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Flaws in a clinical trial of the AIDS drug nevirapine conducted by the US National Institutes of Health (NIH) were reportedly kept from the US president before his 2002 announcement of a major aid programme for Africa. Nevirapine was the programme's centrepiece. An NIH official says a review of the study, which was conducted in Uganda, suggests the drug should not be used if other options are available.

According to documents obtained by the Associated Press news agency, NIH officials failed to report concerns over the safety of the drug. The concerns about the trial were serious enough to warrant the drug's manufacturer to withdraw a request to use it to protect babies in the United States. Less than one month after the announcement of the US plan to spend US$500 million to supply the drug in Africa, Ugandan officials were told that the NIH research had violated US patient protection rules. The US Office of Human Research Protections said the trials might not have minimised the risks run by patients in the study.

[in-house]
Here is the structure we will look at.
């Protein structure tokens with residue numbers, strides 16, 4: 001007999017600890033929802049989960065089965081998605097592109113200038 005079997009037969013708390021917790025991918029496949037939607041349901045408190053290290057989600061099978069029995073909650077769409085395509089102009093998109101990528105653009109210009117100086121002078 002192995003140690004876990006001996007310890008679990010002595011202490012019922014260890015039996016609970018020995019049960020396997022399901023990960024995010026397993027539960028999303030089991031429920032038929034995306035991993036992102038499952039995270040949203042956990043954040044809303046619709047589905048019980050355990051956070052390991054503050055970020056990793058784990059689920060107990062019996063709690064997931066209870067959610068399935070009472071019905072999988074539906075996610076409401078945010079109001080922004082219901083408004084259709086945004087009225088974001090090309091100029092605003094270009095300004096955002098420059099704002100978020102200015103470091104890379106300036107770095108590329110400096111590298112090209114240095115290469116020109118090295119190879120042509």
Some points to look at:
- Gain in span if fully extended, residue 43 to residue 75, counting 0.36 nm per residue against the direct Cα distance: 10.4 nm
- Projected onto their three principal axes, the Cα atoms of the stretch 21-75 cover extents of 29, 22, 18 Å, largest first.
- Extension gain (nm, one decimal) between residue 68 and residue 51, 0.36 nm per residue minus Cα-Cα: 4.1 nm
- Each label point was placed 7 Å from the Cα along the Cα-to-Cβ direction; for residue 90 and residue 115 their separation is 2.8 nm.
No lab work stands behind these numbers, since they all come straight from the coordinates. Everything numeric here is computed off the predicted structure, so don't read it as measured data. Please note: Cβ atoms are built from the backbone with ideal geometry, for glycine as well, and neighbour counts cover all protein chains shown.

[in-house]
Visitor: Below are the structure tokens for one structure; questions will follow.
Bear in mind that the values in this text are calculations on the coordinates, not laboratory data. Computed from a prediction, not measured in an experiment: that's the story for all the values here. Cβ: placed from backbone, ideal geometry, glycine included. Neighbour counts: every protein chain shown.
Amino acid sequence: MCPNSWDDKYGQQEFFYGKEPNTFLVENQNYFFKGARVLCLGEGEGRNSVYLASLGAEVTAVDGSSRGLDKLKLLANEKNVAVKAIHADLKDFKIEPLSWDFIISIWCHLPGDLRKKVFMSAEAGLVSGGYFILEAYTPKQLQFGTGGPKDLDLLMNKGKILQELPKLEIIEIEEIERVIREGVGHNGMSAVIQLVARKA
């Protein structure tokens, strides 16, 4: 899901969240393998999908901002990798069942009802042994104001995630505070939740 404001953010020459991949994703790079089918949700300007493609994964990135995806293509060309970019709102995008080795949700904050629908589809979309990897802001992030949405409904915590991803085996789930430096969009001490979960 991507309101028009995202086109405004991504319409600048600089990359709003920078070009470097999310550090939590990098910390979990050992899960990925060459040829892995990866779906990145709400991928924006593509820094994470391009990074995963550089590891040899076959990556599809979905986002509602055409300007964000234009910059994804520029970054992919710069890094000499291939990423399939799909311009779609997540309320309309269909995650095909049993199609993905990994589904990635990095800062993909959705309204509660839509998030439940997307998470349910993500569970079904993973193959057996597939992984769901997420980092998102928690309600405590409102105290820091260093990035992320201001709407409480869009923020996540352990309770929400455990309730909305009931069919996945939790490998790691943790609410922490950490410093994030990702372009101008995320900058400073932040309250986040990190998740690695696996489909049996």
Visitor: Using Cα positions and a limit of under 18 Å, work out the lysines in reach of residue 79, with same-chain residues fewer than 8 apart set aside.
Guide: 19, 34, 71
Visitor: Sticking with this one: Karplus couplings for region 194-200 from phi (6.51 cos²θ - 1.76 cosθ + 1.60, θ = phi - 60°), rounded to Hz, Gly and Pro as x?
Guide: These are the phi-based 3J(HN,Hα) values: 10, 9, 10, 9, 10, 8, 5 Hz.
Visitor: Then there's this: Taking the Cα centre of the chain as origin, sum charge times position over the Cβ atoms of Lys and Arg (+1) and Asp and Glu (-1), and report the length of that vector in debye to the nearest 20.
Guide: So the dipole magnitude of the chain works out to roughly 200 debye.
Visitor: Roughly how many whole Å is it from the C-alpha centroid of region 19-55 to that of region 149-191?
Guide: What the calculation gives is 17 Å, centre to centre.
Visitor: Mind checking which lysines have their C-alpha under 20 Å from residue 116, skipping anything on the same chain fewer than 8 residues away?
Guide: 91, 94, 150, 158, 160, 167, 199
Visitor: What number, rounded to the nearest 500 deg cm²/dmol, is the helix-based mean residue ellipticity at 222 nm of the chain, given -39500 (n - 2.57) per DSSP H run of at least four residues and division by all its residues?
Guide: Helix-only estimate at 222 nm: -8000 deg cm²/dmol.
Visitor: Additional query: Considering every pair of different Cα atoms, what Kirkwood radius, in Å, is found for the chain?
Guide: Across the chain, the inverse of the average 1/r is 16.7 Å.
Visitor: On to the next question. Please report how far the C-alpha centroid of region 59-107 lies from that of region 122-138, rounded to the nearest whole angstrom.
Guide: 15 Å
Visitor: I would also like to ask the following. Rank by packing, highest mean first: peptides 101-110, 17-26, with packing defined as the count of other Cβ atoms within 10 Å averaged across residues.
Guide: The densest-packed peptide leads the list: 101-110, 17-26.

Research has shown that a single dose of the drug has potential to stop transmission of the HIV virus from mothers to their children. The side effects, however, can be life-threatening; 14 deaths and many adverse reactions to the drug during the NIH study were not reported in the study's database.

Read more about this subject in SciDev.Net's spotlight on Mother-to-Child Transmission.

Link to full news story in The Guardian